Piglet’s Pantry: From local to national – how I grew my business fast
We’re back, once again showcasing small business success stories in partnership with Sky and Tim Campbell MBE. This time, we go from festivals to football with Jo Hunter; Owner and Managing Director of Piglet’s Pantry – a pie and pastry supplier to some of the biggest football clubs in the country.
When Piglet’s Pantry secured a contract with Brighton and Hove Albion FC, they went from selling 100 pies a day to 10,000 almost overnight. But scaling a business so quickly comes with its own challenges, from deciding on funding options to ensuring product quality is maintained at scale.
Here’s some of Jo’s top tips on how to grow a small business, without losing sight of what makes it special.
1. Always sell something that you know and love
Chef-led business Piglet’s Pantry sells tasty, handmade pies and other delicacies online and at events. Its turnover has shot up exponentially in the past few years.
So how can would-be entrepreneurs follow in Piglet’s Pantry’s footsteps, and make sure their business isn’t half-baked?
It’s helpful to have a working understanding or experience of the industry you’re in – Jo is a self-confessed “passionate pastry chef” with a love of feeding people. It’s much harder to build a business without this zeal for your craft. Combining product knowledge with your passion can be a springboard for success.
Have something that you’re passionate about, but also something that can translate into profit
2. Don’t think it’s going to be as easy as pie
Whilst bringing your dream business idea to life can be immensely rewarding, ‘’you need to be prepared to rough it for a while until you make it’’, Jo says.
Taking the decision to give up a steady wage in favour of following her entrepreneurial dreams was a nerve-racking step for Jo. In the early stages of setting up her business Jo chose to retain control by taking out loans and constantly reinvested in her own business over getting investors – not necessarily the easy route, but the one that was right for her.
3. Seize opportunities and use your networks
You never know where exploring new opportunities can take you. During Covid-19, many caterers left football clubs – and Piglet’s Pantry was quick to step up, taking over retail food and drinks at Portsmouth FC and investing heavily in the partnership.
‘’Now they’ve outsourced all their hospitality to us,” says Jo, “and we’re getting approached by more clubs to act as partner.”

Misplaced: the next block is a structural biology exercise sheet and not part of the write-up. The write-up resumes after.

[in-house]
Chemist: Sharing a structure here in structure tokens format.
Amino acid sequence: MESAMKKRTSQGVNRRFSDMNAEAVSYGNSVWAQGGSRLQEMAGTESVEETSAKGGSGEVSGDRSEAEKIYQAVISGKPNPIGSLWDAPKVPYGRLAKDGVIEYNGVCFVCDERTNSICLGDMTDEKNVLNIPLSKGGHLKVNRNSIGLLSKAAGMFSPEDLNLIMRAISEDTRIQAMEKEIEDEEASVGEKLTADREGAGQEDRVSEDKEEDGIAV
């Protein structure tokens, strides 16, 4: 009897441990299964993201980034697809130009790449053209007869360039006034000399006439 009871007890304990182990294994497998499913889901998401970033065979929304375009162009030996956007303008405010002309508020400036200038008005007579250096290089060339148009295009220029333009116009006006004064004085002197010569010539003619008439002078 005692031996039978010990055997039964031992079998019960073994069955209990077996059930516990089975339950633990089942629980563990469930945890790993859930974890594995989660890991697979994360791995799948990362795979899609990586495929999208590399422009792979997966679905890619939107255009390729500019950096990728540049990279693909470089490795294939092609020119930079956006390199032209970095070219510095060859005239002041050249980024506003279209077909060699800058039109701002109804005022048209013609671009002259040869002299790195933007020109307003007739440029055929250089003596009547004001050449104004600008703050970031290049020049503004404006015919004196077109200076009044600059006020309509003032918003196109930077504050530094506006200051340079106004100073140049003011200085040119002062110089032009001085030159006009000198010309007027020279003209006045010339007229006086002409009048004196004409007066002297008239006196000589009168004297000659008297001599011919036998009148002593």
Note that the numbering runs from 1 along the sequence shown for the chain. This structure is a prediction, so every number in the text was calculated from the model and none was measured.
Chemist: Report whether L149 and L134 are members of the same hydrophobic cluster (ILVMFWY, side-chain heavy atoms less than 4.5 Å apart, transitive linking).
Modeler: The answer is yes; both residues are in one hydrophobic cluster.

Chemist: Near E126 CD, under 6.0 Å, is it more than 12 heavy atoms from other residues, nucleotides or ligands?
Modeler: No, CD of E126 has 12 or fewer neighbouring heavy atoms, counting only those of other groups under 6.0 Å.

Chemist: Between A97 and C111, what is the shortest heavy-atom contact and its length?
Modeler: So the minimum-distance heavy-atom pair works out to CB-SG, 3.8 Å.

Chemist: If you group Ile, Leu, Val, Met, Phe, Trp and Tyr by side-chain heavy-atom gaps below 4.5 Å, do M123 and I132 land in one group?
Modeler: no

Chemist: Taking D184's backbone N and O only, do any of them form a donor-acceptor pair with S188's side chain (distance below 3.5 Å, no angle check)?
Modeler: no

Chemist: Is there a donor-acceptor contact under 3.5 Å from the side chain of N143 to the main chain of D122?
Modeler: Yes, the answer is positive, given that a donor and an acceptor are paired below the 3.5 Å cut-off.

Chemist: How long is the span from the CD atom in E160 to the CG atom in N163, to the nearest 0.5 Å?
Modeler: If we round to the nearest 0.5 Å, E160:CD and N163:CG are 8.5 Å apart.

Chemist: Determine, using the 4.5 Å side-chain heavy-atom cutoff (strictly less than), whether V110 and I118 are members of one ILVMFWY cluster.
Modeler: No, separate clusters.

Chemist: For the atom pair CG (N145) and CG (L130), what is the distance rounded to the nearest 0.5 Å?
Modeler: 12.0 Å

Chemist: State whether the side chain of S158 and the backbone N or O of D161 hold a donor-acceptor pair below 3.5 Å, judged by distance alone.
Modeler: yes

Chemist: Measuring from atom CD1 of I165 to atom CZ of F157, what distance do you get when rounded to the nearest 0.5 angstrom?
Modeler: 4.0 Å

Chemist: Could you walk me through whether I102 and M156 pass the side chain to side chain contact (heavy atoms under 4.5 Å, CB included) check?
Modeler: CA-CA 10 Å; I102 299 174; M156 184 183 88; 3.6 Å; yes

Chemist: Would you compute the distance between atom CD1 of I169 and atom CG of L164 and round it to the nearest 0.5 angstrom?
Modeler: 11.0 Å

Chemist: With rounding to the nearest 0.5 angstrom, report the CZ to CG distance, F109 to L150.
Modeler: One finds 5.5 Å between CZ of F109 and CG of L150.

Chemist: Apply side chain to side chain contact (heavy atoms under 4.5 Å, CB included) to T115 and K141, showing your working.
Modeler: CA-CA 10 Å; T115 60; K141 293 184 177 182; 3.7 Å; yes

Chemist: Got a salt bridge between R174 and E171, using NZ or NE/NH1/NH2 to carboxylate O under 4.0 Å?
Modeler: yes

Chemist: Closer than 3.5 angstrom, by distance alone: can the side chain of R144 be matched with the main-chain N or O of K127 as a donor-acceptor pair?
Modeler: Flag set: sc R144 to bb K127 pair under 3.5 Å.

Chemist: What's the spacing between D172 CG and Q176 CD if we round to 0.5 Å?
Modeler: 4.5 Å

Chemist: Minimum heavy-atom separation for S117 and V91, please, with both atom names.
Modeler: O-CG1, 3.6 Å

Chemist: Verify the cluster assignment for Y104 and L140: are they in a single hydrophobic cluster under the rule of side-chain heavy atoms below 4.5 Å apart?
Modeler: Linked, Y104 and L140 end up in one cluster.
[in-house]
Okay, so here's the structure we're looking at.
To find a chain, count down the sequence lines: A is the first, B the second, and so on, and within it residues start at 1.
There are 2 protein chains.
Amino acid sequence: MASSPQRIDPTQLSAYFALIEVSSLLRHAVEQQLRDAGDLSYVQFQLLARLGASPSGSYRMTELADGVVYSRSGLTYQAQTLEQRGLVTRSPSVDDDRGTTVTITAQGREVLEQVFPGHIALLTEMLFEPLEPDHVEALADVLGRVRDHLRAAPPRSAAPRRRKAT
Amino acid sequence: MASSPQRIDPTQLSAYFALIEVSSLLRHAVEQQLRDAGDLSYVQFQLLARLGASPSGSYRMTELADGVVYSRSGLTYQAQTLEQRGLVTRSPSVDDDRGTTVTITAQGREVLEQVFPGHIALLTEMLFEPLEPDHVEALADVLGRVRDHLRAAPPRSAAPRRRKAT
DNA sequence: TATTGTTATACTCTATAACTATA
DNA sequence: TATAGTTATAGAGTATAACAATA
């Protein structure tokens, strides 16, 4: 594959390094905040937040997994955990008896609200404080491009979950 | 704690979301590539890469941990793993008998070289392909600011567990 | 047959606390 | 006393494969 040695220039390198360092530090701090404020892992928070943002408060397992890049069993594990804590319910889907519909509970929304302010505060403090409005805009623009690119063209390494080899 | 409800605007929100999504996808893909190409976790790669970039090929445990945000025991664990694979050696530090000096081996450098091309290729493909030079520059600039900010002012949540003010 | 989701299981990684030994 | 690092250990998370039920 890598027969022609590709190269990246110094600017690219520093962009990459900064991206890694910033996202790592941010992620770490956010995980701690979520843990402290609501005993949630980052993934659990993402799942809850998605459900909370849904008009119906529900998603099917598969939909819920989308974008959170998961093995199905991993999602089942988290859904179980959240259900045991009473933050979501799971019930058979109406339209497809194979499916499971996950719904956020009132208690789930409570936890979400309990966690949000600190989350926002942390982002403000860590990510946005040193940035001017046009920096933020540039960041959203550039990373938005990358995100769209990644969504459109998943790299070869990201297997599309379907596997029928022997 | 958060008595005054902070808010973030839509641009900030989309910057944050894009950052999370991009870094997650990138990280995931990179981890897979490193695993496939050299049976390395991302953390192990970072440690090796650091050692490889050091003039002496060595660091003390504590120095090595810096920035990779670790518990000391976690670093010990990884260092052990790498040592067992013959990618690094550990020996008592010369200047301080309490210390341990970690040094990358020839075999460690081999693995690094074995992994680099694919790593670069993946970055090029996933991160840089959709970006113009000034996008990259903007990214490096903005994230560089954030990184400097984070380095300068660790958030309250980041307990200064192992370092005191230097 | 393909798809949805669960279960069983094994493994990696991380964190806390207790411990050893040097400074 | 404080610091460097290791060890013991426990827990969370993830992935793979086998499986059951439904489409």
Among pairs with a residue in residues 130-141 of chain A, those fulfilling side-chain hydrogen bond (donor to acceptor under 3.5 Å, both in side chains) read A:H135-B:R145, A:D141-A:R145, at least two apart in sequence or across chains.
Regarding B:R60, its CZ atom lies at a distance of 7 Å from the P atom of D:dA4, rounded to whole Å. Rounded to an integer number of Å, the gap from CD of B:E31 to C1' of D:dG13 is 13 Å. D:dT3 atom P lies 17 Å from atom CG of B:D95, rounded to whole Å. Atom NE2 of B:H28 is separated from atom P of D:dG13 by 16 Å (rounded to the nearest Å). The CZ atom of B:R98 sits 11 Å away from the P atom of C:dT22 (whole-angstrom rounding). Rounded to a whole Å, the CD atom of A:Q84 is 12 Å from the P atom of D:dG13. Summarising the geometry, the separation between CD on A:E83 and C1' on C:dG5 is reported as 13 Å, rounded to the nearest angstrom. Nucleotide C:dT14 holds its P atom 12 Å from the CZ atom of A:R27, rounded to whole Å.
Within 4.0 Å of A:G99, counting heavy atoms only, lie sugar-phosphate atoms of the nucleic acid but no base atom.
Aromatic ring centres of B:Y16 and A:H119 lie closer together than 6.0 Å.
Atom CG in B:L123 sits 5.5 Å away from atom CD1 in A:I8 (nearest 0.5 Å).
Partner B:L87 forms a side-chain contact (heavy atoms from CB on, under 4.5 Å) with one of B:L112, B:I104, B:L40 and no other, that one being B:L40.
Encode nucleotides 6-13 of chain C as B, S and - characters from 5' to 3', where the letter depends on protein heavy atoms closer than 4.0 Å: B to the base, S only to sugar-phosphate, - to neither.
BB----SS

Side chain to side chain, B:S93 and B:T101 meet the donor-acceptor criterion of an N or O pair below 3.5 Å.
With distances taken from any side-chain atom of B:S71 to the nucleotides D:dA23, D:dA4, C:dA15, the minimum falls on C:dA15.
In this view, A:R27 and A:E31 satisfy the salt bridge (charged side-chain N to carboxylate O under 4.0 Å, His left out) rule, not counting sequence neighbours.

4. Innovate to reach new audiences
Similarly, don’t be afraid to try new tactics. Jo’s stepdaughter Lara took over Piglet’s Pantry’s social media during the pandemic and implemented some influencer marketing tactics they’d never tried before. The result: 100,000 afternoon tea hampers sold with little to no marketing investment.
Now, the company is about to give its ‘seaside box’ a proper PR launch, attended by a TV celebrity and with influencers lined up to make a splash on social media.
“It’s not something we’ve tried before,” says Jo, “but we’ve decided to do a big launch once a year with a brand-new product.”
5. Search for ways to cut costs
When it comes to your payment strategy, taking a creative and critical approach is crucial. Is your current supplier the best? Are there ways you could get a better deal?
“As any finance person would tell you – review, review, review,” says Jo. “It’s vital in terms of business spend and keeping costs down, which are straight off your bottom line.”
6. Get great people on board
Having the right contracts and the right team are key. At Piglet’s Pantry all team heads are chefs, so quality remains tip-top and the company stays true to its values.
A strong supply chain is another essential ingredient. “It’s really important to choose your suppliers wisely. You need to be able to communicate well with each other and be sure that they’re on your journey with you too.”
7. Be creative about finance packages
Piglet’s Pantry has used a range of funding methods including invoice discounting, where unpaid invoices are used as collateral for loans to ease cashflow in the early stages of the business.
In addition to this, Jo talks about the importance of working with payments partners to support growth. “People like Barclaycard, with their credit and charge cards, can be really useful. If you need to buy a piece of kit, it’s useful to have partners like that in the background and have a line of credit for breathing space.”